So how useful is a term that has to be broad enough to encompass a lint collection (or an unmade bed, or a blank canvas, or a urinal, or a can of excrement), and this (White Roses by Graydon Parrish)?
If the idea of “art” has to cover everything between those extremes, then fine, everything is art, but that’s kind of like saying everything is made of molecules. How useful is it? If you ask me if something is art, I’ll say “it is if you want it to be.” Whether it’s good or important art is a much more interesting question to me, and the farther away from skilled the work is, the less likely I am to be charitable in my answers.
Busy. Busy busy busy, busy. Doing doing doing, very little time for blogging these days.
Not dead, however. Latest long-pose figure drawing, and a related head study.
Got about five more months of focused anatomy study on deck as of now: two more classes, my own ongoing independent study and a lot of figure drawing.
It’s easy to figure out what you need to work on: just try to draw a figure from your imagination and see where you get stuck. Shouldn’t take long. I’m doing reasonably OK with the basic muscle masses from front, side and back, but twist something or lift arms and I start to get fuzzy very quickly. Should I see the flexors or extensors from this angle? Is that the brachioradialis or the flexor carpi radialis? Where is the axis of the humeral epicondyles from here? And so forth.
I think it’s also time to start meditating on the koan of making even studies artistic and worth looking at for their own merits. That’s a new idea too.
I meant to spend tonight going through several of the forearm plates in Richer’s Anatomy book, and also drawing them mirror-image since I seem to get hung up on left-right issues when studying the limbs. Seemed like a good plan, but as I started on the first diagram I realized how poorly I understood the flexors, and so spent several hours just going over them, talking them through, trying to make sense of them. Forget the whole forearm. Just take one small bite out of it. The flexor group is plenty complicated for a night’s study.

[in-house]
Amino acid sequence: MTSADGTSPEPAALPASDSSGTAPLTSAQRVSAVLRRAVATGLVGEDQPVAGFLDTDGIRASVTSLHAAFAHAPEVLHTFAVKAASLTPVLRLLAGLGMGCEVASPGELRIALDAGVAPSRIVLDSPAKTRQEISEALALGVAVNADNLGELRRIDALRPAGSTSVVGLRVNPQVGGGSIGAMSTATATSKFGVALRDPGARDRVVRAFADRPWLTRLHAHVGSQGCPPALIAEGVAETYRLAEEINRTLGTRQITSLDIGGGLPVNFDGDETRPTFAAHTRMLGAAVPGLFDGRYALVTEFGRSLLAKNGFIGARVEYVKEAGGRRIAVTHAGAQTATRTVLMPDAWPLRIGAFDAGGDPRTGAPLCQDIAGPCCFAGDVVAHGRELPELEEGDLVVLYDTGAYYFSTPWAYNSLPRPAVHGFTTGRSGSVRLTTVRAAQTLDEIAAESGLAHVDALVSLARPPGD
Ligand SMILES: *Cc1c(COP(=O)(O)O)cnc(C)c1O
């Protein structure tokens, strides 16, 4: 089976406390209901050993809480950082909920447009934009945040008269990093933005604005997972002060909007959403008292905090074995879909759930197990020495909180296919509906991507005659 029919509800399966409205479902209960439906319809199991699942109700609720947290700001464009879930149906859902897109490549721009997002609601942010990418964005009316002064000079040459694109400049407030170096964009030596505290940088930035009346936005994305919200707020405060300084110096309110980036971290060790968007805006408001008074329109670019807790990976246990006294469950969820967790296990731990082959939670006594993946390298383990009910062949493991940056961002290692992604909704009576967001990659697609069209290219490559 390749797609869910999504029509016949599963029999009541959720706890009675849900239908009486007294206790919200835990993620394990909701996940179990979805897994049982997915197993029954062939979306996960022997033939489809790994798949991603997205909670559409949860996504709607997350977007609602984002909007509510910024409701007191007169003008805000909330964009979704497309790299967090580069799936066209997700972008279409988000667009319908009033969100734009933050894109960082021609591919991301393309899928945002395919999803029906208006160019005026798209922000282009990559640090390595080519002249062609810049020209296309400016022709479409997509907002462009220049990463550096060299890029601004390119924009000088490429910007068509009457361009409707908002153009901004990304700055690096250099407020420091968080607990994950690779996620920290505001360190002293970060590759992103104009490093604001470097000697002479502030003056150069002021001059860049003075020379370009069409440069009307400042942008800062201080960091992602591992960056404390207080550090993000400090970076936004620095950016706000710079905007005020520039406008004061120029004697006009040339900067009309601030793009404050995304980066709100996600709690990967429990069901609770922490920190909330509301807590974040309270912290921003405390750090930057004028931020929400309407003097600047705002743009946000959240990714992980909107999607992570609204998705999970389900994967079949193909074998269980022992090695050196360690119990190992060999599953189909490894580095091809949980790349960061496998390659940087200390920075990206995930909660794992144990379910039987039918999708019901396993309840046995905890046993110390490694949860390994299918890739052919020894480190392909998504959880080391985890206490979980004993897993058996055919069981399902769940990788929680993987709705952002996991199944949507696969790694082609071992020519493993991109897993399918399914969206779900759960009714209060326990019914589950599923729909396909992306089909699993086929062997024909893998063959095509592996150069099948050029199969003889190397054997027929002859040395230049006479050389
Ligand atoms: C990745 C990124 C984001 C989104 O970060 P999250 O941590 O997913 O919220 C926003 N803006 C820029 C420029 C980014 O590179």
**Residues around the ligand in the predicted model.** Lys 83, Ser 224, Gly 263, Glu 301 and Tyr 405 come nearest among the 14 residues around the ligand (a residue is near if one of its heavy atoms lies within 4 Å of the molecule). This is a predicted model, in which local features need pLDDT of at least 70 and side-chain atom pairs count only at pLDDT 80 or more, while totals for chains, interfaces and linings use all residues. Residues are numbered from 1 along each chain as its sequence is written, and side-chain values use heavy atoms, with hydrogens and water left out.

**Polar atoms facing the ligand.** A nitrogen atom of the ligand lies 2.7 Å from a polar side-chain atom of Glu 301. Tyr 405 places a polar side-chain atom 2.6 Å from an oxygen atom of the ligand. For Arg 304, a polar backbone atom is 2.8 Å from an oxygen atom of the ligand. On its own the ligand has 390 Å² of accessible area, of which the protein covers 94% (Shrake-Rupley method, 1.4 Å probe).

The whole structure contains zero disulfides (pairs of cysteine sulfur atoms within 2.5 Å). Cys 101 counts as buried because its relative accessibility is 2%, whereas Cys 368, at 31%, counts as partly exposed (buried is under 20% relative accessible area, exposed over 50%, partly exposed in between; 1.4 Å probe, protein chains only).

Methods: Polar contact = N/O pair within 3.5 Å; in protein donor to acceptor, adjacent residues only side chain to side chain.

Basically it boils down to this: there are six flexor muscles, five of which are visible or affect the surface; they all originate from a common tendon at the medial epicondyle of the humerus. ALL FLEXORS ORIGINATE FROM THIS POINT. Going from the thumb side of the inner wrist to the little finger, there are four: flexor carpi radialis on the thumb side, and flexor carpi ulnaris on the little finger side (which is actually very large and wraps around to the back as well). Next to the radialis is the palmeris longus (which apparently about 1 in 11 people lack, and a few people have two), and then the flexor digitorum superficialis, which inserts to all four fingers, but the visible tendon is the ring finger one; the others are below or under the palmeris longus. Although it’s the smallest of the four on the surface, it is massive underneath, and also accounts for the “in between” space of the other subcutaneous flexors. The fifth flexor is the pronator teres, up high by the inner elbow and crossing strongly over the flexor carpi radialis and disappearing under the brachioradialis, which is in the ridge group and we’ll get to it later.